The Complex Interventions Necessary to Push the Academy toward Gender Equality. A Commentary on the Symposium “Don’t Fix Women, Fix Academia? Gender Inequality in National Academic Contexts”


  • Barbara J. Risman University of Illinois at Chicago



Gender structure, science, women, university, transformation


Women are under-represented in science, technology, engineering and math (STEM) disciplines across the globe. For decades this has been recognized as a serious problem, and many governments have funded programs that address the issue. The earliest projects, towards the end of the 20th Century, attempted to “fix women” to help them succeed. These projects failed because the causes of women’s exclusion were not simply their socialization, but rather systematic institutional discrimination. Current attempts to include women in scientific disciplines focus on re-designing the institutions. In my brief introduction to the symposium, I introduce a way to think about gender that can help us evaluate what kinds of change each essay is describing and integrate their insights and findings so that they can inform future work in the area. To do this, I introduce the framework that suggests we must think about gender as a social structure. I then use the gender as a structure framework to briefly summarize the findings of each essay and suggest directions for the future for each project. I conclude with a summary of what we have learned overall from the essays in the Symposium and how this might inform future efforts at gender transformation in universities world-wide.


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Bustelo, M. (2023). Resilience and Gender-Structural Change in Universities: How Bottom-Up Approaches Can Leverage Transformation When Top-Level Management Support Fails. Sociologica, 17(2), 17–36.

Cannito, M., Naldini, M., & Santero, A. (2023). Investigating the Glass Ceiling in Italian Academia. Women’s Strategies and Barriers to Career Advancement. Sociologica, 17(2), 93–114.

Cech, E.A. (2021). The Trouble with Passion: How Searing for Fulfillment at Work Fosters Inequality. Berkeley, CA: University of California Press.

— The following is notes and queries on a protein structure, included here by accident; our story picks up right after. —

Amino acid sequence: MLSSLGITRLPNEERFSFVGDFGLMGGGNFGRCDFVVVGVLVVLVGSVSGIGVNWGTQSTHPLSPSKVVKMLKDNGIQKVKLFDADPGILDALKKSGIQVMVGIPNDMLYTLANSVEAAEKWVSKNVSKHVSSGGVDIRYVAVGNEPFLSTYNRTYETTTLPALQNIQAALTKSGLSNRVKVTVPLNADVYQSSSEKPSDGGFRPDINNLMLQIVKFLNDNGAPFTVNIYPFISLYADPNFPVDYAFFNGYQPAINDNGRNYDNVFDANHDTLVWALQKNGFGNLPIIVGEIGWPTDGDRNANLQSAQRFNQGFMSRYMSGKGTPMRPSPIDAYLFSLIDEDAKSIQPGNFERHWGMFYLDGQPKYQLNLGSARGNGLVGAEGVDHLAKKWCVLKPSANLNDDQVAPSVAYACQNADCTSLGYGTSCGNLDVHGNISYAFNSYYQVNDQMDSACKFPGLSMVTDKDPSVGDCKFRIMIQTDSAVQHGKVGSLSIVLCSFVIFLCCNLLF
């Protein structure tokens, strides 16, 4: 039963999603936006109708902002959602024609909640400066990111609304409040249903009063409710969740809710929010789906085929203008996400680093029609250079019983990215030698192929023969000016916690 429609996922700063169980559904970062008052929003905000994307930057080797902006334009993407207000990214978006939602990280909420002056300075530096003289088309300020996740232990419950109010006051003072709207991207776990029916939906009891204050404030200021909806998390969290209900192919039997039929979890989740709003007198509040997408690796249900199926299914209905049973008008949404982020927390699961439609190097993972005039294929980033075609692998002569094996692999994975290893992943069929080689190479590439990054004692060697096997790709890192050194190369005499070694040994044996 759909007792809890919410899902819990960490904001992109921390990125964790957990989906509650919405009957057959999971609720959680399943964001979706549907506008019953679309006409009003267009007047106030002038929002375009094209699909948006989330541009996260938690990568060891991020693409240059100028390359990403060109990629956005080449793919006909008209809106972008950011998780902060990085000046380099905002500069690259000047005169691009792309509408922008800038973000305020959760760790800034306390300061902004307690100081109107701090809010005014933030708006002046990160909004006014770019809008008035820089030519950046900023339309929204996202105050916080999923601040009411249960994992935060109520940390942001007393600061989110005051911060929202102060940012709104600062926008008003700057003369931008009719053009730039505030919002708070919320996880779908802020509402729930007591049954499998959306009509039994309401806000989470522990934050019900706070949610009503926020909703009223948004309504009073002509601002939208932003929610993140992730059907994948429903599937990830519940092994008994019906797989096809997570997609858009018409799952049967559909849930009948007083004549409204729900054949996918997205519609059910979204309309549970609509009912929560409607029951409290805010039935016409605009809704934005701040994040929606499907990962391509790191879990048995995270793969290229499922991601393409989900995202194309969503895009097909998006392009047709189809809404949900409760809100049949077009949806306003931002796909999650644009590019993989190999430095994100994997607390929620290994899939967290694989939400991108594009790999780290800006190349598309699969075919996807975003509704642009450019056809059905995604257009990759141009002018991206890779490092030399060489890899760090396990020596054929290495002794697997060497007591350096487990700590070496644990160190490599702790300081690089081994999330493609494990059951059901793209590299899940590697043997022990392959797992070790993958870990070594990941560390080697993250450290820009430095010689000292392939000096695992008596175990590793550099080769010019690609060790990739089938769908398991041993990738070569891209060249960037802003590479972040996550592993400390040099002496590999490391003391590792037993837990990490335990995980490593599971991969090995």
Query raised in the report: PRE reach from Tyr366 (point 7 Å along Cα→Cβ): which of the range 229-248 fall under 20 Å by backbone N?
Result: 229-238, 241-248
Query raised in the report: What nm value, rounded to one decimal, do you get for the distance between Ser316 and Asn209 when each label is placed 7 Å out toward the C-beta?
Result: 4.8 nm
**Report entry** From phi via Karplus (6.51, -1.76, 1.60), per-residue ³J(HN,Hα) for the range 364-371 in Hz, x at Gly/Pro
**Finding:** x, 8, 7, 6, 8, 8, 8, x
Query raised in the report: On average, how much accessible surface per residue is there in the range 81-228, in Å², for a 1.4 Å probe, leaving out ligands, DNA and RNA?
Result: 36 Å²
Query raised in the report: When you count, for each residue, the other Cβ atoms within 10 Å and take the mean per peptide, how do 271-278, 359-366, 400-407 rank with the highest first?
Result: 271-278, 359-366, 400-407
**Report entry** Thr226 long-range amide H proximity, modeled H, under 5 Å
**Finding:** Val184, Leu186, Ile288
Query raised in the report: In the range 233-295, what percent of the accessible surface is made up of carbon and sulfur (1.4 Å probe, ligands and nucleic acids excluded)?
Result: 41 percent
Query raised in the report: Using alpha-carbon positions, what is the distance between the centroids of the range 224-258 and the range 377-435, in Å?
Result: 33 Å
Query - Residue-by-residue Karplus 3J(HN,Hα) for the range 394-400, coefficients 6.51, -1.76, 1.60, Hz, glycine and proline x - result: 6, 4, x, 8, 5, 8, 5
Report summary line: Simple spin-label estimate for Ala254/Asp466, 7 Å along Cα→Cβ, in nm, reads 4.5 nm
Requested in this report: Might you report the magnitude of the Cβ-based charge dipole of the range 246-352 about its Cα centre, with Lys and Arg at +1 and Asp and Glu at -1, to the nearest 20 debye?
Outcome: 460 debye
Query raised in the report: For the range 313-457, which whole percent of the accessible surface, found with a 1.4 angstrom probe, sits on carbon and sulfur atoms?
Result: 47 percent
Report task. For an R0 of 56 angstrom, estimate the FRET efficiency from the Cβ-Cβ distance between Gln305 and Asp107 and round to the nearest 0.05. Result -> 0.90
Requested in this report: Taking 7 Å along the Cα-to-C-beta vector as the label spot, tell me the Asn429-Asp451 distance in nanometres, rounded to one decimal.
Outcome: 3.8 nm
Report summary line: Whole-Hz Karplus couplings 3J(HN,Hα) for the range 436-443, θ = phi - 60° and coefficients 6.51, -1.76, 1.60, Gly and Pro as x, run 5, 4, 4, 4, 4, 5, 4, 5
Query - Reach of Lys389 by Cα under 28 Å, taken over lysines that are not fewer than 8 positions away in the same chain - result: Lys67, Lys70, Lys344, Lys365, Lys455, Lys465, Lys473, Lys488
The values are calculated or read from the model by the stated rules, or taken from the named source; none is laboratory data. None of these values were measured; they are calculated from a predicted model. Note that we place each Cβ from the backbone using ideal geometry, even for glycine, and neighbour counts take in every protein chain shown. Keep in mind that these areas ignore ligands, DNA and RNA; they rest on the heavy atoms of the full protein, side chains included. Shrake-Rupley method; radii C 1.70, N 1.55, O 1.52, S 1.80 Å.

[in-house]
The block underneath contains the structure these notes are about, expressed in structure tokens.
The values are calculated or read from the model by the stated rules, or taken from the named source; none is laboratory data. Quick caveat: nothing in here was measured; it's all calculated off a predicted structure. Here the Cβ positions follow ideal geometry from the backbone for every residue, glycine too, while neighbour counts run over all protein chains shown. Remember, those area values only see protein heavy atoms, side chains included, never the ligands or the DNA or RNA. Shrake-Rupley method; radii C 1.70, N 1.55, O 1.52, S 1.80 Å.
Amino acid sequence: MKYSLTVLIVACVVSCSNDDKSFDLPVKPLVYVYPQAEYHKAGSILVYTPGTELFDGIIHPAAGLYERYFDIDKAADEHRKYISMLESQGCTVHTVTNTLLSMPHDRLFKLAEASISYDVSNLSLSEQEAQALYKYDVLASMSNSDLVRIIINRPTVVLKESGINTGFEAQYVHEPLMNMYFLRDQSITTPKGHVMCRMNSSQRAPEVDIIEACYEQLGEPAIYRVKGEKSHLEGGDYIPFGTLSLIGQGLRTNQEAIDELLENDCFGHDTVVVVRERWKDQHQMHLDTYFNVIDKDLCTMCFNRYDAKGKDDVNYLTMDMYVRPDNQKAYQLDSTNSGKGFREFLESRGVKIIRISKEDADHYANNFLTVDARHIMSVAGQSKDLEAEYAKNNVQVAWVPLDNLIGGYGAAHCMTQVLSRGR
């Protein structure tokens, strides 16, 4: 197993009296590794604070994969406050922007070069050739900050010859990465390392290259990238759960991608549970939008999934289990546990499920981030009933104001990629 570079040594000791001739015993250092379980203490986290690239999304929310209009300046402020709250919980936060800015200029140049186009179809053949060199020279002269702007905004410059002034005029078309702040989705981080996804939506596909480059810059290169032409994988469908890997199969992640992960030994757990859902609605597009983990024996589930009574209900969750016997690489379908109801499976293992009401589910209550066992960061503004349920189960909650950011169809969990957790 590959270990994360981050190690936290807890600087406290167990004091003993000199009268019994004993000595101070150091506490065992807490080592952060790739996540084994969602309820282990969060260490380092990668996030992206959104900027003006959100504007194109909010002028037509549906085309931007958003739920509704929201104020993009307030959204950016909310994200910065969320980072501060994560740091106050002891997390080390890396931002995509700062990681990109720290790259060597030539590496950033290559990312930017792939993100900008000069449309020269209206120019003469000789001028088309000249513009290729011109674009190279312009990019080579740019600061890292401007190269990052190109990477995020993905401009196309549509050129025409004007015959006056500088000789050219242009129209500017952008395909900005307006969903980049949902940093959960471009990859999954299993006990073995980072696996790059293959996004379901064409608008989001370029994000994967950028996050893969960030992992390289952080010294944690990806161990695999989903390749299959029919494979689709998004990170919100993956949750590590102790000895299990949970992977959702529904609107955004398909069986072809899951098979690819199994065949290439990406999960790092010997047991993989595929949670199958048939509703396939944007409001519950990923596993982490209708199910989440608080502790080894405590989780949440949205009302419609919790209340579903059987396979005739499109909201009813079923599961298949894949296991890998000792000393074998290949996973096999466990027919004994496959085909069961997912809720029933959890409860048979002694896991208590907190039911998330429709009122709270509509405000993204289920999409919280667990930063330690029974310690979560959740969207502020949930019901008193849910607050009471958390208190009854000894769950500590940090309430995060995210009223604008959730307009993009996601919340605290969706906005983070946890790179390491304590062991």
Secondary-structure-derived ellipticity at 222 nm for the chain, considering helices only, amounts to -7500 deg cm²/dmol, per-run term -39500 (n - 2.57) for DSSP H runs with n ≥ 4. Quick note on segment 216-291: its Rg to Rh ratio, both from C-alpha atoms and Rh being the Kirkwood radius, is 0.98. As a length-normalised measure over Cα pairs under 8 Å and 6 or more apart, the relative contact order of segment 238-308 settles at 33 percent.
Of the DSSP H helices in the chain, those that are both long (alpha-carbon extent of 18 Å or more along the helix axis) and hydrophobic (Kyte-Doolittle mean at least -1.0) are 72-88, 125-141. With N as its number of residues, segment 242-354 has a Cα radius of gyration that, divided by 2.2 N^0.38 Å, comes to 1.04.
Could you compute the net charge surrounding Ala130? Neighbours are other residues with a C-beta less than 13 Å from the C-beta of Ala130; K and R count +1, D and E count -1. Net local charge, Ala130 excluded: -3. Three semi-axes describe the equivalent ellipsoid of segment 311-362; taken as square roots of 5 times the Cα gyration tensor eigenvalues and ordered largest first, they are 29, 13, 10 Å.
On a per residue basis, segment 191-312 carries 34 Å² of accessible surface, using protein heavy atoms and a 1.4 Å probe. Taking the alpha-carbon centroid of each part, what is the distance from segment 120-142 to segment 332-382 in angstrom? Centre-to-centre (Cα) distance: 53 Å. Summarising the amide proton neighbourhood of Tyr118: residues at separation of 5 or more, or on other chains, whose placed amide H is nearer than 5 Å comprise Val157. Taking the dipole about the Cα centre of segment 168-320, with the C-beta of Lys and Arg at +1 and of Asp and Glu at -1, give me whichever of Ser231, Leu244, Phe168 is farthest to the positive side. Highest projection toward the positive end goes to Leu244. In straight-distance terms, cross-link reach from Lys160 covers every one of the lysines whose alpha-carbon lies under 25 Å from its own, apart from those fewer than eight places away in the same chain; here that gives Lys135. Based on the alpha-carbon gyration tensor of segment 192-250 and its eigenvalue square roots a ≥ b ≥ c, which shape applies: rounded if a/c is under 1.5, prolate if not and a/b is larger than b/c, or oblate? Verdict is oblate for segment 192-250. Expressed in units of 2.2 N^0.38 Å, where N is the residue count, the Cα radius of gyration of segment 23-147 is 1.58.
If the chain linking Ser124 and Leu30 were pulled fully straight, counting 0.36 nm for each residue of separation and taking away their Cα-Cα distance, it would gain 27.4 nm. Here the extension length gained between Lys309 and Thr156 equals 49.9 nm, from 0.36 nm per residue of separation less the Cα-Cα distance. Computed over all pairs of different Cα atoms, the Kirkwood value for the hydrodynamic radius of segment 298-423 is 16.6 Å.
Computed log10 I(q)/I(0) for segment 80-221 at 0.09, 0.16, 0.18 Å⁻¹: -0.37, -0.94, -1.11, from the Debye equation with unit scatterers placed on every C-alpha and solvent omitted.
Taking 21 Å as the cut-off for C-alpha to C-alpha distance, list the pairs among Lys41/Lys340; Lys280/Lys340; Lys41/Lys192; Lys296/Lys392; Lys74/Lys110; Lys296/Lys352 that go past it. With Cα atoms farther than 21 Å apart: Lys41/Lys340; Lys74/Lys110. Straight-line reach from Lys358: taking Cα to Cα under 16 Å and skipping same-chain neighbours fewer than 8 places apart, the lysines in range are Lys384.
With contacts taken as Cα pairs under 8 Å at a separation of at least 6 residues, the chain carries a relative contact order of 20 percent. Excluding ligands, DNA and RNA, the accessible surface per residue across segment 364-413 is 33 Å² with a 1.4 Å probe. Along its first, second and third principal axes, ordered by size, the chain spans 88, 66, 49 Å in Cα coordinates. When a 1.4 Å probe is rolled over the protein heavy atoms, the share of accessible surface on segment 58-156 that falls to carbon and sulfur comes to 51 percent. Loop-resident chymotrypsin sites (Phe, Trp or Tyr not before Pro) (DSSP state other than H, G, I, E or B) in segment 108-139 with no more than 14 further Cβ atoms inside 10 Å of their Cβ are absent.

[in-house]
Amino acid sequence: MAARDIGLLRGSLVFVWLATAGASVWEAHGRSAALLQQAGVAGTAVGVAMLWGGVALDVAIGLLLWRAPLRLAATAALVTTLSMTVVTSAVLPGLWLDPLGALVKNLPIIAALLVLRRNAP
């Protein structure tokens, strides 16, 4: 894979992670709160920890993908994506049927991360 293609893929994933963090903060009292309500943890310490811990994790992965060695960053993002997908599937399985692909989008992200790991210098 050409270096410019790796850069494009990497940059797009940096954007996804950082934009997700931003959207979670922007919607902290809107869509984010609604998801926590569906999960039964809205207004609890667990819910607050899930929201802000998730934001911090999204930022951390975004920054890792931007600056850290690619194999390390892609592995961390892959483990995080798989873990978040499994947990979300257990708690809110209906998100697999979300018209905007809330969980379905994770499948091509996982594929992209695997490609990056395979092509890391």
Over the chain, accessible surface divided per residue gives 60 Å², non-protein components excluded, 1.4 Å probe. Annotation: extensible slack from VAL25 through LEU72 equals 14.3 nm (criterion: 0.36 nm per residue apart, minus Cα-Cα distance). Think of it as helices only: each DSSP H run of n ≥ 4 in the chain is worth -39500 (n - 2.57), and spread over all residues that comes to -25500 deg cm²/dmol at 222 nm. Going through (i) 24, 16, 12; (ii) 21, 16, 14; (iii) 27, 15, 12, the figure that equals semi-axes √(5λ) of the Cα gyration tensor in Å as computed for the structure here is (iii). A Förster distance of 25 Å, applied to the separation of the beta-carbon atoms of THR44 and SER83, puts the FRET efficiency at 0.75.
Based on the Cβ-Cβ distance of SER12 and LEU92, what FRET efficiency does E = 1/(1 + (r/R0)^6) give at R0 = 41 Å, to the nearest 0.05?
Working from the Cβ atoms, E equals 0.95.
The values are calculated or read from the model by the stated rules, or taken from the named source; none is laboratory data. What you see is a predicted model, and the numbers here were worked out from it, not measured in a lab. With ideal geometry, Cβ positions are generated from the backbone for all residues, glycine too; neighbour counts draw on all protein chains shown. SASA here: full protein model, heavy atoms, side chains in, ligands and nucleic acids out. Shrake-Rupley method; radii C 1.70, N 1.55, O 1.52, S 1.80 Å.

Correll, S.J. (2004). Constraints into Preferences: Gender, Status, and Emerging Career Aspirations. American Sociological Review, 69(1), 93–113.

Kahlert, H. (2023). A Letter from the President — or: How the German Universities Excellence Initiative Became a Driver of Gender Change in the German Science Policy Discourse. Sociologica, 17(2), 73–91.

Linková, M., Langhammerová, G., Andreska, Z., & Oliva, E. (2023). Co-creating Gender Equality in Czech Academia: External and Internal Factors. Sociologica, 17(2), 59–72.

Mcquillan, J., & Hernandez, N. (2021). Real-Life Conundrums in the Struggle for Institutional Transformation. Gender & Society, 35(3), 300–329.

Myers, K., George, S., Danell, A., & Morehead, A. (2023). Bringing the Men Back In: Catalyzing Gender Equality at Universities Through Advocates & Allies. Sociologica, 17(2), 37–57.

Risman, B.J. (2004). Gender as a Social Structure: Theory Wrestling with Activism. Gender and Society, 18(4), 429–450.

Risman, B.J. (2017). 2016 Southern Sociological Society Presidential Address: Are Millennials Cracking the Gender Structure? Social Currents, 4(3), 208–227.

Risman, B.J. (2018a). Where the Millennials Will Take Us: A New Generation Wrestles with the Gender Structure. Oxford: Oxford University Press USA.

Risman, B.J. (2018b). Gender as a Social Structure. In B.J. Risman, C. Froyum and W. Scarborough (Eds.), Handbook of the Sociology of Gender. New York City, NY: Springer International Publisher.




How to Cite

Risman, B. J. (2023). The Complex Interventions Necessary to Push the Academy toward Gender Equality. A Commentary on the Symposium “Don’t Fix Women, Fix Academia? Gender Inequality in National Academic Contexts”. Sociologica, 17(2), 115–123.



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